Between breakfast and that 7:07 moment when they all run out the door, the typical cacophony around here sounds something like this, "Find your socks.  Did you brush your teeth? Let me check your hair?  Is your backpack ready? Go change that shirt, it's not appropriate." 

Probably also a, "Mom, I don't have any socks?"  And my reply, "I didn't get them sorted yet, sorry, you'll have to dig in the sock box." (or insert missing clothing item of your choice, and an appropriate maternal response.)

In between the above will inevitably be a couple of older kid concerns, "Mom, I need a lunch for the knowledge bowl meet today?"  Or "Did you sign my permission slip for the ski trip." Or my favorite, of course, "Do you have money for ...?" (fill in the blank with whatever).

And then there's the stuck zipper, missing gloves or hats or snow pants, wet boot liners, etc.

Once they are out the door, I breath a huge sigh of relief.  I only sometimes have energy to clear the table before pouring that lovely cup of soothing warm brew, and settling down in the living room with a good book.

I guess it's not really too indulgent when described that way.

In fact, I think I need another coffee break just writing about it.

Monday, February 21, 2011

Day 1 of Week 2, Couch to 5K

Even without a podcast, I managed to get the first of the week two workouts done.   I got mixed up somehow and didn't realize it until I was nearly done with my cool-down walk,  then I ran two more intervals.  I know I did the six required, but I may have done seven.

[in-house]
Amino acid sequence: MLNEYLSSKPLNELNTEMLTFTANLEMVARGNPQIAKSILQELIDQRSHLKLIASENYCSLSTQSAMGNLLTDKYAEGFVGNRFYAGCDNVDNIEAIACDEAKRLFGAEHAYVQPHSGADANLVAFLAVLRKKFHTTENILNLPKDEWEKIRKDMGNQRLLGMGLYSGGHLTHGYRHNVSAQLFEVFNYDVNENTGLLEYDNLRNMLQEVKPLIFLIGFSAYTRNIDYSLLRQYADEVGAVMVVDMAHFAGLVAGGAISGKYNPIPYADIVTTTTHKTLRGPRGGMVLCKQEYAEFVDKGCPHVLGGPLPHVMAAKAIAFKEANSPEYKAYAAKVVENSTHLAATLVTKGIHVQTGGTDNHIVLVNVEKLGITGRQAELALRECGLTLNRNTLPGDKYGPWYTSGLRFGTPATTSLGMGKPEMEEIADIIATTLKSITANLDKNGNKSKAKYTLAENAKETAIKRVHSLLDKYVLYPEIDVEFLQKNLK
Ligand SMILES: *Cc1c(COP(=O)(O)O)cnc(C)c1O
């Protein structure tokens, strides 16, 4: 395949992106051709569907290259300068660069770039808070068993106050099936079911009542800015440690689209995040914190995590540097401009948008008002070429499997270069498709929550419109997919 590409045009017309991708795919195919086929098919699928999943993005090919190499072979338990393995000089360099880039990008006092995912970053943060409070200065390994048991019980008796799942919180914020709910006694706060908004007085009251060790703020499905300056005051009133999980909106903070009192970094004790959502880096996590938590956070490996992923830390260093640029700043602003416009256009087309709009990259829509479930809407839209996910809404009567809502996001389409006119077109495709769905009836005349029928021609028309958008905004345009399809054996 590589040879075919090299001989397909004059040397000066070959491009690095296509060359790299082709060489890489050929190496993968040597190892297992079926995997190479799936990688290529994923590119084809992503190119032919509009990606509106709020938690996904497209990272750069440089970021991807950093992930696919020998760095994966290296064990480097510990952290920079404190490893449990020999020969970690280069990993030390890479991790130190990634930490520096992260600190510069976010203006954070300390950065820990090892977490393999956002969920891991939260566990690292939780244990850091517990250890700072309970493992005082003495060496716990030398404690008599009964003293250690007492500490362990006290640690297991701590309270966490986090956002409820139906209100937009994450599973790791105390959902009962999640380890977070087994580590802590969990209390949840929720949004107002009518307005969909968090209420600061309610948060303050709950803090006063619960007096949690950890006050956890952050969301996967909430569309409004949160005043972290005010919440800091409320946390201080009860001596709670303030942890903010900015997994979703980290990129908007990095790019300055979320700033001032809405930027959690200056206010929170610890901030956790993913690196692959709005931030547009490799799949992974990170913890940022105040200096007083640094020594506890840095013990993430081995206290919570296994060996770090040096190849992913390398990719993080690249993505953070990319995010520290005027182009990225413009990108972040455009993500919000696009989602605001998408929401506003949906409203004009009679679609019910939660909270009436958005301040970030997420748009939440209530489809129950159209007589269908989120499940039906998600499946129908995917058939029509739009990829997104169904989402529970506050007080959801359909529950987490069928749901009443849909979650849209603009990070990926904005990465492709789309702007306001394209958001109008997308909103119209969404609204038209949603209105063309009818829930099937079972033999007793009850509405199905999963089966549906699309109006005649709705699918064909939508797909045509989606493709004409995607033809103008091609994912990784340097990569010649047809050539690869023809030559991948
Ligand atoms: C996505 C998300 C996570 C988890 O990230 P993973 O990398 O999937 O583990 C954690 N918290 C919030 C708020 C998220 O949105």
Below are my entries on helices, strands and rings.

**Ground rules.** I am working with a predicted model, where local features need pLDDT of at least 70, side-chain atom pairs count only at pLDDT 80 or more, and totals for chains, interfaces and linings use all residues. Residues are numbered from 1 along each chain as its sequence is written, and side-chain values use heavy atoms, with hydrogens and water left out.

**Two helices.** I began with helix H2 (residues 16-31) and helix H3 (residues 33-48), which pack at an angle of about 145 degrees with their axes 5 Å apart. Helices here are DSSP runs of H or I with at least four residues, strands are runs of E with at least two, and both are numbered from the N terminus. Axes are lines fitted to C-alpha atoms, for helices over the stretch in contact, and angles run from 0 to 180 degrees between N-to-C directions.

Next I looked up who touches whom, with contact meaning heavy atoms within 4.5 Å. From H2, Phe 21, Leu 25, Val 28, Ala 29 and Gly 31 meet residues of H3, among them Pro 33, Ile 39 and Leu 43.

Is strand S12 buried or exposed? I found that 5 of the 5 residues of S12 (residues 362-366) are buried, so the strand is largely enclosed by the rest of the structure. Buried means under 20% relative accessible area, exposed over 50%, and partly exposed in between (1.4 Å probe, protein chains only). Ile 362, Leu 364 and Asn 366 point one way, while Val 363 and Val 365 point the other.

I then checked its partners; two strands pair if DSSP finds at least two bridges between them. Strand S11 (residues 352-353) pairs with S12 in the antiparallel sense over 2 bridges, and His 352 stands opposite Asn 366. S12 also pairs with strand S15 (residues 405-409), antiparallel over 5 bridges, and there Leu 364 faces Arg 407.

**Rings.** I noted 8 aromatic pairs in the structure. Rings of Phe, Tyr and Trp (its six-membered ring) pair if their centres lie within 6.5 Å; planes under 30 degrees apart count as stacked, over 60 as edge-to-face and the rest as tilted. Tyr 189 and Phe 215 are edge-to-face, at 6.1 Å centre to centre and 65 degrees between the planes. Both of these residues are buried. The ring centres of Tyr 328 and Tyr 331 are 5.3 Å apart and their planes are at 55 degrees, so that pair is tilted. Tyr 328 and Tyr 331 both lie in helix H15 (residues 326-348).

The workout is supposed to be, again, a five minutes warm-up; six intervals of 90 second jogs with 2 minute walks, then the 5 minutes cool down.  My order was totally screwy, so I'll just improvise (as I did earlier).

Today I did

  • 5 minute brisk warm-up walk @ 3.3-3.4 mph
  • four or five 90 second jogging intervals @ 4.6-4.7 mph
  • three or four 2 mintue walking intervals @ 3.3-3.4 mph
  • 5 minute cool down @ 3.3 mph at first, then gradually slowing a bit, as I cooled down.
  • two more jogging intervals, the first at a brisk 5.1 mph, the second at 4.5 mph
  • in between I added a 1 minute walk
According to the tread mill, I covered a distance of 1.84 miles and burned 237 calories total, of which 73 were fat calories.  with all the mix-up, that was 30 minutes.

Again, order to get my goal of 40 minutes, I also did